• apply to babies who need to stay in hospital for 7 days continuously or more.

This is expected to be in place from April 2025.

Right to request more predictable working patterns

Employees and workers (including agency and zero hours workers) will have the right to formally request a more stable working pattern.  In addition, this right will also be available to those on fixed-term contracts of less than a year.  This right will apply after 26 weeks of continuous employment.

Employers will only be able to refuse requests  if there is a legal reason for refusing the request.

This is expected to be in place ‘in due course’.

Proactive duty to prevent sexual harassment

This will require employers to have proactive measures in place to prevent sexual harassment in the workplace.  As a result employers will be legally responsible if no measures are in place.  And that responsibility applies, regardless of whether or not an incident has occurred. Failure to comply with this requirement could result in increased compensation of up to 25%.

This is expected to be in place from October 2024.

Pensions (Extension of Automatic Enrolment) Act 2023

This Act brings in changes to the Automatic Enrolment populations and employers who use Qualifying Earnings to calculate contributions:

  • Lowering the age criteria for auto-enrolment from 22 to 18 years of age
  • Removing the Lower Earnings Limit of £6,240 if you’re using qualifying earnings

There is no indication at this point when this change will come in to effect.

If you’re concerned about what these employment legislation changes from April 2024 mean for your business and need help reviewing your policies, please get in touch with Helpful HR.

Unconscious bias

What is unconscious bias?

Unconscious bias is a term which is commonly used in relation to equality, diversity and inclusion in the workplace.  In this blog post we try to demystify unconscious bias and explain what it really means.

Unconscious bias is an unconscious inclination or prejudice.  It can be referred to in the context of a ‘gut’ feeling, or instinct feeling people have. These feelings will be informed by experiences and influences during their lives.  There is usually no ill will, but it is nevertheless seen as an issue in workplaces.  This bias can influence business decisions, and can compromise an employer’s ability to be an inclusive and equal workplace.

From a legal perspective, the areas to be aware of are around certain criteria, which could be covered under the description of a ‘protected characteristic’ most commonly related to age, gender, race, religion/belief, disability, sexuality and marital/partnership status.

Unconscious bias around gender, for example is the way someone might assume that a pink clothing item is appropriate for a little girl, or that little boys play with trucks while girls will want a dolly to play with.  Or age bias might be that an older person is overqualified for a junior role they’ve applied for.

We’re all human, and our decisions are informed by our own experiences.  So if it’s just about being human, why is it a problem?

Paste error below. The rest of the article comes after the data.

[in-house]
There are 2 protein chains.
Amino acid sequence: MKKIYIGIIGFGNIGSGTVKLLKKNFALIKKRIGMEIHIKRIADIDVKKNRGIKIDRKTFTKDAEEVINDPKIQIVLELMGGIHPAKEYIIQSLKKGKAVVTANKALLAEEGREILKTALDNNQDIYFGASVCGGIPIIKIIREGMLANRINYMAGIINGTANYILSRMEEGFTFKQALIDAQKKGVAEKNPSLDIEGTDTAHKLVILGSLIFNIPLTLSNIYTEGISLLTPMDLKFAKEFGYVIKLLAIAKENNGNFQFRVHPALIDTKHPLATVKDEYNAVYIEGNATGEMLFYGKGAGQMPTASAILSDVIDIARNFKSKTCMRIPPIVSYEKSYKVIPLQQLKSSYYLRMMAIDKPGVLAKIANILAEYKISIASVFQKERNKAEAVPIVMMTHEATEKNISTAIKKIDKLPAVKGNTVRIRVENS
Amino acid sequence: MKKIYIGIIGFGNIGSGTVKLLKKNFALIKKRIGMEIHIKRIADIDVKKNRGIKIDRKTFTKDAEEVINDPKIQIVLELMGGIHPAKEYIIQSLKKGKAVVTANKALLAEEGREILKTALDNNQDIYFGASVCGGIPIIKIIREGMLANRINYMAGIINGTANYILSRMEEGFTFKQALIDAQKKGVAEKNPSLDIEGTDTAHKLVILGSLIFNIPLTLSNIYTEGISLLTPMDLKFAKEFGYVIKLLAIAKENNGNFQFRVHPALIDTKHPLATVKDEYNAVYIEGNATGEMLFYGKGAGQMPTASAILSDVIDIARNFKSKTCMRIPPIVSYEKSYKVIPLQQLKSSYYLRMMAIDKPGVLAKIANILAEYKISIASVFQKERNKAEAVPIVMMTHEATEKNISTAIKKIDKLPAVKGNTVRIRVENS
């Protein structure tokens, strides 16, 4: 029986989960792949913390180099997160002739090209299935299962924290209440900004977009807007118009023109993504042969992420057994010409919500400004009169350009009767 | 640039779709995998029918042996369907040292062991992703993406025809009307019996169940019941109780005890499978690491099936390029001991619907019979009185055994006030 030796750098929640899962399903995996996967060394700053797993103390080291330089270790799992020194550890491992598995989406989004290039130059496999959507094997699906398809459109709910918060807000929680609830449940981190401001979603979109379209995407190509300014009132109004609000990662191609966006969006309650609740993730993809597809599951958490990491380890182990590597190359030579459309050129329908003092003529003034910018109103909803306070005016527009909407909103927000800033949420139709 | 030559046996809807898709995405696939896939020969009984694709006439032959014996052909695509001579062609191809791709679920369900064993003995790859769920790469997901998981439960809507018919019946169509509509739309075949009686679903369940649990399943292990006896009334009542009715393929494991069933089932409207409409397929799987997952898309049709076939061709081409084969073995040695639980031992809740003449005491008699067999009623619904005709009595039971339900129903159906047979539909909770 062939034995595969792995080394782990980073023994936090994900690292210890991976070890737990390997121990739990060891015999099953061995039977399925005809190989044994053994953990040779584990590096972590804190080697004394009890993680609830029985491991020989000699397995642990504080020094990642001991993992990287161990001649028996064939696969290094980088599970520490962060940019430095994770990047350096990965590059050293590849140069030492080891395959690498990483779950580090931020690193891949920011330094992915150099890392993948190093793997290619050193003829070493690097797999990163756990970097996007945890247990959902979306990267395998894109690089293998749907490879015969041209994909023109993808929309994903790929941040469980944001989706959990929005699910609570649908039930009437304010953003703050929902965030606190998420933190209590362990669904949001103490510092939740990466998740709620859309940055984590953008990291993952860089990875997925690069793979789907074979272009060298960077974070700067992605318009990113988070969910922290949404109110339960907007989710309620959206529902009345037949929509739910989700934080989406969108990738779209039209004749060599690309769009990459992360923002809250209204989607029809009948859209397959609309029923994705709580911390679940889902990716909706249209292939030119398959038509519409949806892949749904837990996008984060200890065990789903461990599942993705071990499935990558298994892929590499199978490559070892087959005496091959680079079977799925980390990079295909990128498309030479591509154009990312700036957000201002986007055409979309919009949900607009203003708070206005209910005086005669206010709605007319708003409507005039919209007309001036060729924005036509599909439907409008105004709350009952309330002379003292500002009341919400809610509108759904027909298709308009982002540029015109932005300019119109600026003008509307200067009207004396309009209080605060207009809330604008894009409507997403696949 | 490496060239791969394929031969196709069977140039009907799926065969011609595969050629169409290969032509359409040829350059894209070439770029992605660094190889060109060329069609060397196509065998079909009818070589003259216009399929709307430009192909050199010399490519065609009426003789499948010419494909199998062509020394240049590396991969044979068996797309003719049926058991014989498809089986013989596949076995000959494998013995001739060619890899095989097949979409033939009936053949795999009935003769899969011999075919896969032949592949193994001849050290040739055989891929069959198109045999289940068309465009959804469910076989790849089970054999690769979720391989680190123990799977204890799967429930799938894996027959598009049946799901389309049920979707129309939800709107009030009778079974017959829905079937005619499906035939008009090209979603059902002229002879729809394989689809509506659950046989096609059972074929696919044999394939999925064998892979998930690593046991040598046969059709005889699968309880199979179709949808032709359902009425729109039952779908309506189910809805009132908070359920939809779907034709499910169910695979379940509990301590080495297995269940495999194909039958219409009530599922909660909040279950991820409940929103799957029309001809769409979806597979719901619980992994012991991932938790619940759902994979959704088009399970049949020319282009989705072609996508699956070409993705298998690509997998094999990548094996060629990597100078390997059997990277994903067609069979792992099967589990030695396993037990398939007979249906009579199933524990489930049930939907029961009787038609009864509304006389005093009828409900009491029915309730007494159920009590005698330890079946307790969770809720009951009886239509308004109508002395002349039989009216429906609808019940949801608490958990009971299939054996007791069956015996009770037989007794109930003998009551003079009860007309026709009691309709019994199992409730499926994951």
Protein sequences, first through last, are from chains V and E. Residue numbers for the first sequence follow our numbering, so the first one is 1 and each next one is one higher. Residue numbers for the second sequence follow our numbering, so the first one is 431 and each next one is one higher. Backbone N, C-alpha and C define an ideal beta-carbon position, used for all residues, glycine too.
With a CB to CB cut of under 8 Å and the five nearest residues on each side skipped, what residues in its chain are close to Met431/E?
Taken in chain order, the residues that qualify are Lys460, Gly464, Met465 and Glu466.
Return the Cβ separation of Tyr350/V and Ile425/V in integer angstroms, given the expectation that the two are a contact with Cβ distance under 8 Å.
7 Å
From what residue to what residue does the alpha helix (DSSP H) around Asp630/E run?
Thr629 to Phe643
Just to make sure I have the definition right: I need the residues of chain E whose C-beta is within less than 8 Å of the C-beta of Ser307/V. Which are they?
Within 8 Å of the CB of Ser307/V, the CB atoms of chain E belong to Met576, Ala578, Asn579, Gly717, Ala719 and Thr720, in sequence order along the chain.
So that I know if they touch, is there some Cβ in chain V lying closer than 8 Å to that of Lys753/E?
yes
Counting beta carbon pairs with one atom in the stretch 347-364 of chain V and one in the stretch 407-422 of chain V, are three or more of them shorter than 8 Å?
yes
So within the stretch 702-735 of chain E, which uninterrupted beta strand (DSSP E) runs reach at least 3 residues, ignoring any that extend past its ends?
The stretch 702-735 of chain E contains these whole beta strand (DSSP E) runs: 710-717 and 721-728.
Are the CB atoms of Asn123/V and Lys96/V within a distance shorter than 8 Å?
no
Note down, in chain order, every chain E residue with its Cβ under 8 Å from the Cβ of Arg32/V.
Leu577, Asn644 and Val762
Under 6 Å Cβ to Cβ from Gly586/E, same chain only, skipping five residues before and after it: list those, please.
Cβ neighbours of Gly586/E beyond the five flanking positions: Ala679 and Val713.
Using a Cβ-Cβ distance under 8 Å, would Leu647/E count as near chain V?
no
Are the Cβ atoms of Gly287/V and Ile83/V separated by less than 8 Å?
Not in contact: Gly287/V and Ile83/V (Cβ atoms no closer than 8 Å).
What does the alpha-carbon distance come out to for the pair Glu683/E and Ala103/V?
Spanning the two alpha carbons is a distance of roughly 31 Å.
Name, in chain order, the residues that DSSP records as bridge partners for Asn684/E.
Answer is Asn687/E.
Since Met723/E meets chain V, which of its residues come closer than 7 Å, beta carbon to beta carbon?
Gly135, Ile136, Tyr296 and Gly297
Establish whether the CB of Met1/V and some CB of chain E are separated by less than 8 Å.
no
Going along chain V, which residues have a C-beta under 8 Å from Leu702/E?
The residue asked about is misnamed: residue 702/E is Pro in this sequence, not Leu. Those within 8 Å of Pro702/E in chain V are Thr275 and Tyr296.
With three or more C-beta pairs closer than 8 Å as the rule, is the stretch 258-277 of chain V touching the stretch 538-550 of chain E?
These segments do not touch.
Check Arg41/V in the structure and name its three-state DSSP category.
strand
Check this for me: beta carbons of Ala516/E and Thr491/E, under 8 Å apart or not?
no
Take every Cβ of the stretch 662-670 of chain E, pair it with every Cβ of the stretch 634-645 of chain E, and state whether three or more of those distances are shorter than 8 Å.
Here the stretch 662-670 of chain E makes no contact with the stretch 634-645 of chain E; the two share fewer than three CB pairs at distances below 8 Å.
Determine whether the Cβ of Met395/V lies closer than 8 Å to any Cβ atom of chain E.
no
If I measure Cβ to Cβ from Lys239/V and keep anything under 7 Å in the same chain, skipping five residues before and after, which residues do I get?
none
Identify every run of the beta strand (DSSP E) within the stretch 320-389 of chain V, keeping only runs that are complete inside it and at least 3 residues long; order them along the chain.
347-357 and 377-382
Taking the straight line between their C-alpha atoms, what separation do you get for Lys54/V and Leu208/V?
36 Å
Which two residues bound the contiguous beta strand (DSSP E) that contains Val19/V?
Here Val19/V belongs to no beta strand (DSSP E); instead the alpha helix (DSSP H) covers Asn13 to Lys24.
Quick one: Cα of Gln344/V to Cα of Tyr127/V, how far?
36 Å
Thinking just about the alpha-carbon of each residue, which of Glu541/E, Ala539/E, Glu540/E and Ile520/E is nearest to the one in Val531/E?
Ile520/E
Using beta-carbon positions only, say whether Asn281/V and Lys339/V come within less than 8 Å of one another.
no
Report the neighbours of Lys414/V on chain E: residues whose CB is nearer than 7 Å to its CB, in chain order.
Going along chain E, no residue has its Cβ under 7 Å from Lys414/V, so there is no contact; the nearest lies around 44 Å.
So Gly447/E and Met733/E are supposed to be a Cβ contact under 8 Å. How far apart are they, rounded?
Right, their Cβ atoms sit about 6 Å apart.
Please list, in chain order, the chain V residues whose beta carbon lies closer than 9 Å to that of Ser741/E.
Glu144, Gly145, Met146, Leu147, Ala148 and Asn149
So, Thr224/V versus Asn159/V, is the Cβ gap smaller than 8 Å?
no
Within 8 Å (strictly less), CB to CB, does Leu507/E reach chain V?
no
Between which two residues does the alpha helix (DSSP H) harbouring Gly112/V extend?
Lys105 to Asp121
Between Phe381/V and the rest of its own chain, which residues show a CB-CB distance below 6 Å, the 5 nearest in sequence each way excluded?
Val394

What’s the problem?

Put simply, not tackling unconscious bias, means that those experiences and influences informing our decisions will continue to harm certain groups or individuals, unchecked.  Being aware of our natural bias, means that we are more likely to look beyond the assumptions we may instinctively make about an individual or group, and prevent us from treating those people differently.   Ultimately if they are treated differently, or they suffer a detriment as a result, they may have a claim for (indirect or direct) discrimination.

Over time, employees who think they are treated differently due to unconscious bias, develop feelings of isolation and alienation, and feel uncomfortable being themselves. This would take its toll on anyone, and may also affect the organisation’s performance overall.  Employees who experience bias and prejudice often actively disengage and reduce their contributions, and ultimately seek a role elsewhere.

What are the benefits of tackling unconscious bias?

Equality, diversity and inclusion (EDI) is seen as an increasingly important part of what a business has to offer.  To be an inclusive employer means that employees feel welcome, valued and included. This in turn means team members will stay longer and be more engaged and productive.

Diversity in the workplace is a serious competitive advantage with immediate and tangible benefits. It ensures a variety of different perspectives and a variety of different skills and experiences.  It gives organisations access to a greater range of talent, potentially increasing creativity and innovation.

The best way to overcome unconscious bias, is to ensure people become more self-aware (and self-critical) about their decisions and behaviours.  This can be done via training in a variety of formats. Alternatively, you could develop some supporting systems and processes, to ensure decision makers at all levels are challenged in a safe setting.

You can find out more about the benefits of tackling unconscious bias and what approach works here.  And if you’d like some advice about EDI issues in your business, please do get in touch.

Bullying at work